The day started as per usual: being tired from jet lag and the shower talking to me…
…until I called it a bastard and it started firing laser beams at me.
It doesn’t take long to notice that everything in Japan has a button. I have three separate controls for my room: air con, tv and the lights. Suffice to say, the ‘internet of things’ has been here a while.
Yet this is all irrelevant when you cannot understand Kanji (chinese characters)- it took me a good 15 minutes to work the shower.
I pressed a button to run the bath…’onegaishimasu’…pleaded the shower, telling me to stop as water gushed from one of it’s many orifices.
I proceeded to close this iron maiden of torture by pressing a second button- a rather violent gurgling sound emerged from the floor…’onegaishimasu!’, it pleaded desperately this time; the shower sounded breathless, as if it was about to draw it’s final breath.
Time slowed as my finger hovered over the third button. A bead of sweat dripped off of my brow. The shower mumbled something in Japanese but it was too late-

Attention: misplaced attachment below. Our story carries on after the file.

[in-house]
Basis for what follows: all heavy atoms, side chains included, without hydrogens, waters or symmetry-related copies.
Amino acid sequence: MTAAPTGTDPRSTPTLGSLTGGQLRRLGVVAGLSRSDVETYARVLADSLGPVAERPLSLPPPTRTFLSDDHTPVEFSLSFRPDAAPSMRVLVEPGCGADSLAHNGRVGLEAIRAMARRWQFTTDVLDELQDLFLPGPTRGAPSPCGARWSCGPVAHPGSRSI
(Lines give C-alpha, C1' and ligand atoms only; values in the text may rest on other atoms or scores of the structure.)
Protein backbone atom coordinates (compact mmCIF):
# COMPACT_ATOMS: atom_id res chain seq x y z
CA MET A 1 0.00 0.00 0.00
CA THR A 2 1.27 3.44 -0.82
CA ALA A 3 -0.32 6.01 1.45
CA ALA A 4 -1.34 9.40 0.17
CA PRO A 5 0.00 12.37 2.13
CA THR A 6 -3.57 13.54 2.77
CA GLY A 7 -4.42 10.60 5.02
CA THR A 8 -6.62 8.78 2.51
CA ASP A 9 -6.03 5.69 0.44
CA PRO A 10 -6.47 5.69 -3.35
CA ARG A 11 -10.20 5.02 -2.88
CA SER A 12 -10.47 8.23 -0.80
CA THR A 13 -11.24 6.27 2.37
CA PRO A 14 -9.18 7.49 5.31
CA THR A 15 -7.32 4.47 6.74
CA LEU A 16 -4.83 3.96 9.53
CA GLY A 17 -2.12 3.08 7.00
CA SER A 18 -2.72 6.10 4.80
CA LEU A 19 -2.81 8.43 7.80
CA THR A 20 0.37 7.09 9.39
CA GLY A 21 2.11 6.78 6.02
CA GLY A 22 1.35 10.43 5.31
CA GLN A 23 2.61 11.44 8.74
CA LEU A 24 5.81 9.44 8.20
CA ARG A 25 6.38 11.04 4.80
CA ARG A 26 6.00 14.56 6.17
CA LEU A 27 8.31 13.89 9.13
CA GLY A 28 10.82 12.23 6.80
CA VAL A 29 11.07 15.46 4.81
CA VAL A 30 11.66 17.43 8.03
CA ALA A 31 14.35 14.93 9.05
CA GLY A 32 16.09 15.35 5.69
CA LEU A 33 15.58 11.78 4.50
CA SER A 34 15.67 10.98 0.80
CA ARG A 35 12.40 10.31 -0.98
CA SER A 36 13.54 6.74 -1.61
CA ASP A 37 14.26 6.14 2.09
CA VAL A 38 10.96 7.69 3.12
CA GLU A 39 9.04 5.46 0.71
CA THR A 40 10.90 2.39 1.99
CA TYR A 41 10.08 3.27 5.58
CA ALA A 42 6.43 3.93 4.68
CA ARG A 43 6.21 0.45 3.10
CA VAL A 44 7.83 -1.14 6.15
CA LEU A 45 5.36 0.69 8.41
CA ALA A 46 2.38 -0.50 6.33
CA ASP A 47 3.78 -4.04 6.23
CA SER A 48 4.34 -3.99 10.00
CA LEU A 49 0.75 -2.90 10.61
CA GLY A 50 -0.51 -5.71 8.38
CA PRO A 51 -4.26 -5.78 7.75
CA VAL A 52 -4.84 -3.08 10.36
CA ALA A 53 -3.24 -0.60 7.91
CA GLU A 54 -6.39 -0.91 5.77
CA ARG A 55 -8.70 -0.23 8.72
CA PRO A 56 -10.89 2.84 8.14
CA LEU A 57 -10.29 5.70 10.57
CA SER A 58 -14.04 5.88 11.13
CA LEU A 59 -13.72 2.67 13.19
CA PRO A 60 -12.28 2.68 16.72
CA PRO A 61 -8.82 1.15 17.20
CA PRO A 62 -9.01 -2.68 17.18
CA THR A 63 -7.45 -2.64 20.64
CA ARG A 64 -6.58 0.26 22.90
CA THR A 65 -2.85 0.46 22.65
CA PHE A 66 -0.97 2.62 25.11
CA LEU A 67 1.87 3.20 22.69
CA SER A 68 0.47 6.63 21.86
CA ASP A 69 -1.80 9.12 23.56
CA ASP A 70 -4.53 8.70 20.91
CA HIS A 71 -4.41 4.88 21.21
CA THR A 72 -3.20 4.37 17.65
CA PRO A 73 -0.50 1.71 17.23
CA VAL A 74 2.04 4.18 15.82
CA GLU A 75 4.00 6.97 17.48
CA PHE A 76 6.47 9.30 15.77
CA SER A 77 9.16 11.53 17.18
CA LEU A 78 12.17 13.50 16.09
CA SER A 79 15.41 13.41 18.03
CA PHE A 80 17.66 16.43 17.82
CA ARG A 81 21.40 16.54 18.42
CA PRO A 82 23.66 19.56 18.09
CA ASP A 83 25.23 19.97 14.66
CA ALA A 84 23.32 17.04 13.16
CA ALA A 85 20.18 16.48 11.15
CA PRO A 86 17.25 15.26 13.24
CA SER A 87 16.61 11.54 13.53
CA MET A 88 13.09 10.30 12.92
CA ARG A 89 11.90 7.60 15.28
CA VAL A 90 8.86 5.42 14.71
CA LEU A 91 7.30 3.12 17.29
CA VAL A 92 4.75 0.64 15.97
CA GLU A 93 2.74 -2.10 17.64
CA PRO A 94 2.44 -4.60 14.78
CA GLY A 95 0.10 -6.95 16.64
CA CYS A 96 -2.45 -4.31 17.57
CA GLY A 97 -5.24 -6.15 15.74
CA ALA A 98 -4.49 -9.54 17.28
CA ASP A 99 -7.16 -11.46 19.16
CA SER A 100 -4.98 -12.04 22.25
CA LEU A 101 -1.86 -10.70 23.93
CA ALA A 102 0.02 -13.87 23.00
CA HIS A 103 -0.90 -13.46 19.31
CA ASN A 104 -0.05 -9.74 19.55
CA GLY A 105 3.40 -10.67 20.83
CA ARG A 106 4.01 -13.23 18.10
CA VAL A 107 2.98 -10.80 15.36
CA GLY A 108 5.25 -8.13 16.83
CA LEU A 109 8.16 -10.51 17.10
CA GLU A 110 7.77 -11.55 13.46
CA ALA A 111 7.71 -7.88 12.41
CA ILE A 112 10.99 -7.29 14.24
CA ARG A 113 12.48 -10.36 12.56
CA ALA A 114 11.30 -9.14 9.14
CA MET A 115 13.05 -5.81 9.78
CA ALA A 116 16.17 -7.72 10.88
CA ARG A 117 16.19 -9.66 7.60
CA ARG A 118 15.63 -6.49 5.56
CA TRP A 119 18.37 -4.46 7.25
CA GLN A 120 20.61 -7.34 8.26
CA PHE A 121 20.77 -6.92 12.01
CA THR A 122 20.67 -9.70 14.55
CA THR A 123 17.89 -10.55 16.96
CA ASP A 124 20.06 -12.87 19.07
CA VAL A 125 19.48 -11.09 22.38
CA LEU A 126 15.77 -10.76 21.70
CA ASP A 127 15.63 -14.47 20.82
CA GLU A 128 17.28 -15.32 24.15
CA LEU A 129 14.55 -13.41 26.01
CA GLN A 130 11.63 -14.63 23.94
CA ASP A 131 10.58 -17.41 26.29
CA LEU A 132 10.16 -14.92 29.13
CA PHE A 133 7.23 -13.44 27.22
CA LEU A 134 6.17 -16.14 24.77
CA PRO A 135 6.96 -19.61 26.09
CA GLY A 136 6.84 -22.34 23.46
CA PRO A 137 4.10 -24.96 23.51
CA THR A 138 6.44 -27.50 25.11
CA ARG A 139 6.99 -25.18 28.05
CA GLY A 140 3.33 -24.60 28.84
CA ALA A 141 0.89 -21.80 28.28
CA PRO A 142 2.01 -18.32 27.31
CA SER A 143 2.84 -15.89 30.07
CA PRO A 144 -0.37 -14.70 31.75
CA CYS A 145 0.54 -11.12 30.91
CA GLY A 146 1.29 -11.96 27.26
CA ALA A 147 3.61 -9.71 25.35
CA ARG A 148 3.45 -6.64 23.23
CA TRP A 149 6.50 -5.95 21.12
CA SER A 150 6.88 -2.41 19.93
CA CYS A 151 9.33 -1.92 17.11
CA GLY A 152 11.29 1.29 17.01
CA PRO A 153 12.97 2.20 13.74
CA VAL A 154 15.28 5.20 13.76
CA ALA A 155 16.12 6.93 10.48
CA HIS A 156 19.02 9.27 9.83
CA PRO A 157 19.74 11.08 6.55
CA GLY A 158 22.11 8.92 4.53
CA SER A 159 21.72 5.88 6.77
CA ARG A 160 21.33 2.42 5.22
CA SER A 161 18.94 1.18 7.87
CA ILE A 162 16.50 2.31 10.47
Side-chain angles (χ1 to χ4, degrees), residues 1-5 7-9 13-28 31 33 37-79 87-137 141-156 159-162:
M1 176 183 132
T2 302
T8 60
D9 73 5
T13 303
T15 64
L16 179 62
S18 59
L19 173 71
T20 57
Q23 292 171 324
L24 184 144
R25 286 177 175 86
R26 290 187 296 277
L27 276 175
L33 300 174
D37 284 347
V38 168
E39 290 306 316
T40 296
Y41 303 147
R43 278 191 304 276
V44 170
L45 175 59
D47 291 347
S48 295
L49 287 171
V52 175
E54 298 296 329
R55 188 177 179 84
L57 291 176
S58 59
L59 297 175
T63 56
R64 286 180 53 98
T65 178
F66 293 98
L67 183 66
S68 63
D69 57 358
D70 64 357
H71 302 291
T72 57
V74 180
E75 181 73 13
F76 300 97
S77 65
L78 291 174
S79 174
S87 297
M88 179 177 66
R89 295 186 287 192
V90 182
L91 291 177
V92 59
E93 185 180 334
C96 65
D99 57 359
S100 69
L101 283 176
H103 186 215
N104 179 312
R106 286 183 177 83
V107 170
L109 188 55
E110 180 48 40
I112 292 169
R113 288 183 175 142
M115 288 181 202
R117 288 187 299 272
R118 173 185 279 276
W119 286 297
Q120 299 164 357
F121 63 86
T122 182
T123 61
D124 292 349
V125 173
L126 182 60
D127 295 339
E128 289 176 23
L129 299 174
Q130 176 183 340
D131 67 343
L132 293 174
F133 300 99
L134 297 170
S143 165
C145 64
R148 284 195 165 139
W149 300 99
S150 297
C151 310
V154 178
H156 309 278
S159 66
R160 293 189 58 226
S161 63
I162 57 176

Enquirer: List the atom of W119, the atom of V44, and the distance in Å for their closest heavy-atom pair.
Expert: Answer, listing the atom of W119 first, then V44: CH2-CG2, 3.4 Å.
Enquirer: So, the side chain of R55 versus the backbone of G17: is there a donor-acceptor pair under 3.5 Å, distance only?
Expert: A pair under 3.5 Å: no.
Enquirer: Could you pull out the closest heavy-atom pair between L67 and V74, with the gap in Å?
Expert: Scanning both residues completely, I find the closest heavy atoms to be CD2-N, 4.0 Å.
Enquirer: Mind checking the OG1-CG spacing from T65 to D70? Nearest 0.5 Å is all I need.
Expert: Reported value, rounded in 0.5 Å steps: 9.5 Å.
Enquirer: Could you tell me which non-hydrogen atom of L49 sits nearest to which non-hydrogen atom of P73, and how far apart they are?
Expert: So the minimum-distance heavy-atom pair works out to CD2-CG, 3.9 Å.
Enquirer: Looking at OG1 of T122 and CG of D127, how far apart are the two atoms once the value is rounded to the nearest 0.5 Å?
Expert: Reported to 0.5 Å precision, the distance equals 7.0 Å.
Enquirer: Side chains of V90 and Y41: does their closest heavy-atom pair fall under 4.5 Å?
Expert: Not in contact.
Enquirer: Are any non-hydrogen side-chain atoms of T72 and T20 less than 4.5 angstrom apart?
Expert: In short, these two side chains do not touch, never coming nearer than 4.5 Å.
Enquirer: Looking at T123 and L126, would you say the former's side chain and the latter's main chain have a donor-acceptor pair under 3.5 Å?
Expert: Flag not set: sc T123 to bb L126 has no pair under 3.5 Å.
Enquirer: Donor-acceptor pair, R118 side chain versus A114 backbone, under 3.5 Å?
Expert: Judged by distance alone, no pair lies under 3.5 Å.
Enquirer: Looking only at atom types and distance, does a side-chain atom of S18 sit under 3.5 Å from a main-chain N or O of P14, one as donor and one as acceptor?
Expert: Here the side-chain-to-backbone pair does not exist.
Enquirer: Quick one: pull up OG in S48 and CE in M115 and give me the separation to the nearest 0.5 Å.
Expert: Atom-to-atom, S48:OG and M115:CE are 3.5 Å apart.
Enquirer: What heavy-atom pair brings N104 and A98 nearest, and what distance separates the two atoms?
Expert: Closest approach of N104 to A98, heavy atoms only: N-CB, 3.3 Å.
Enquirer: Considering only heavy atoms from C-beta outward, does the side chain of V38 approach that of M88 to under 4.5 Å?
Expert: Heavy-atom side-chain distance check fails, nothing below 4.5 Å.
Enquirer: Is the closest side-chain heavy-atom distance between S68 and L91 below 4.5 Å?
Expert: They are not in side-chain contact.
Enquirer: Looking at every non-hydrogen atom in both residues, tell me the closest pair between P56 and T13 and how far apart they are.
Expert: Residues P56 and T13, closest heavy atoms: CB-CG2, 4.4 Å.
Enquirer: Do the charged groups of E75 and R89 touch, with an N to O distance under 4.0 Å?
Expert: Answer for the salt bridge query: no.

Truth be told, the shower did actually say onegaishimasu (please). Yet what was more unnerving was that my host could control the bathroom’s many electrical functions from the Kitchen. I still can’t quite get my head around that.
Later this morning (I don’t plan to head out about before 10:00am, after all, I am on holiday), I headed East towards to Nishiguchi-Shinjuku underground station, next to the parked Soviet interplanetary warship you saw in the previous post. It was extremely windy because of the back end of Typhoon Noul,which has devastated the Philippines, hitting Tokyo, adding to the humidity.
Before reaching the station, I popped into a local 7/11 convenience store to grab a bento box (lunchbox with rice, vegetables) and snacks for the day. 7/11 have cornered the market here in Tokyo and can be likened to Greggs and their high street hegemony anywhere North of Leicester. (It’s an interesting thought that a proxy of the North/ South divide can be found in the Pret-Greggs Paradigm.)
Food shopping in Japan is quickly becoming my favourite past time- it’s the danger element I like about it:
Stocked up on god knows what, I headed for the Tokyo National Museum in Ueno Park.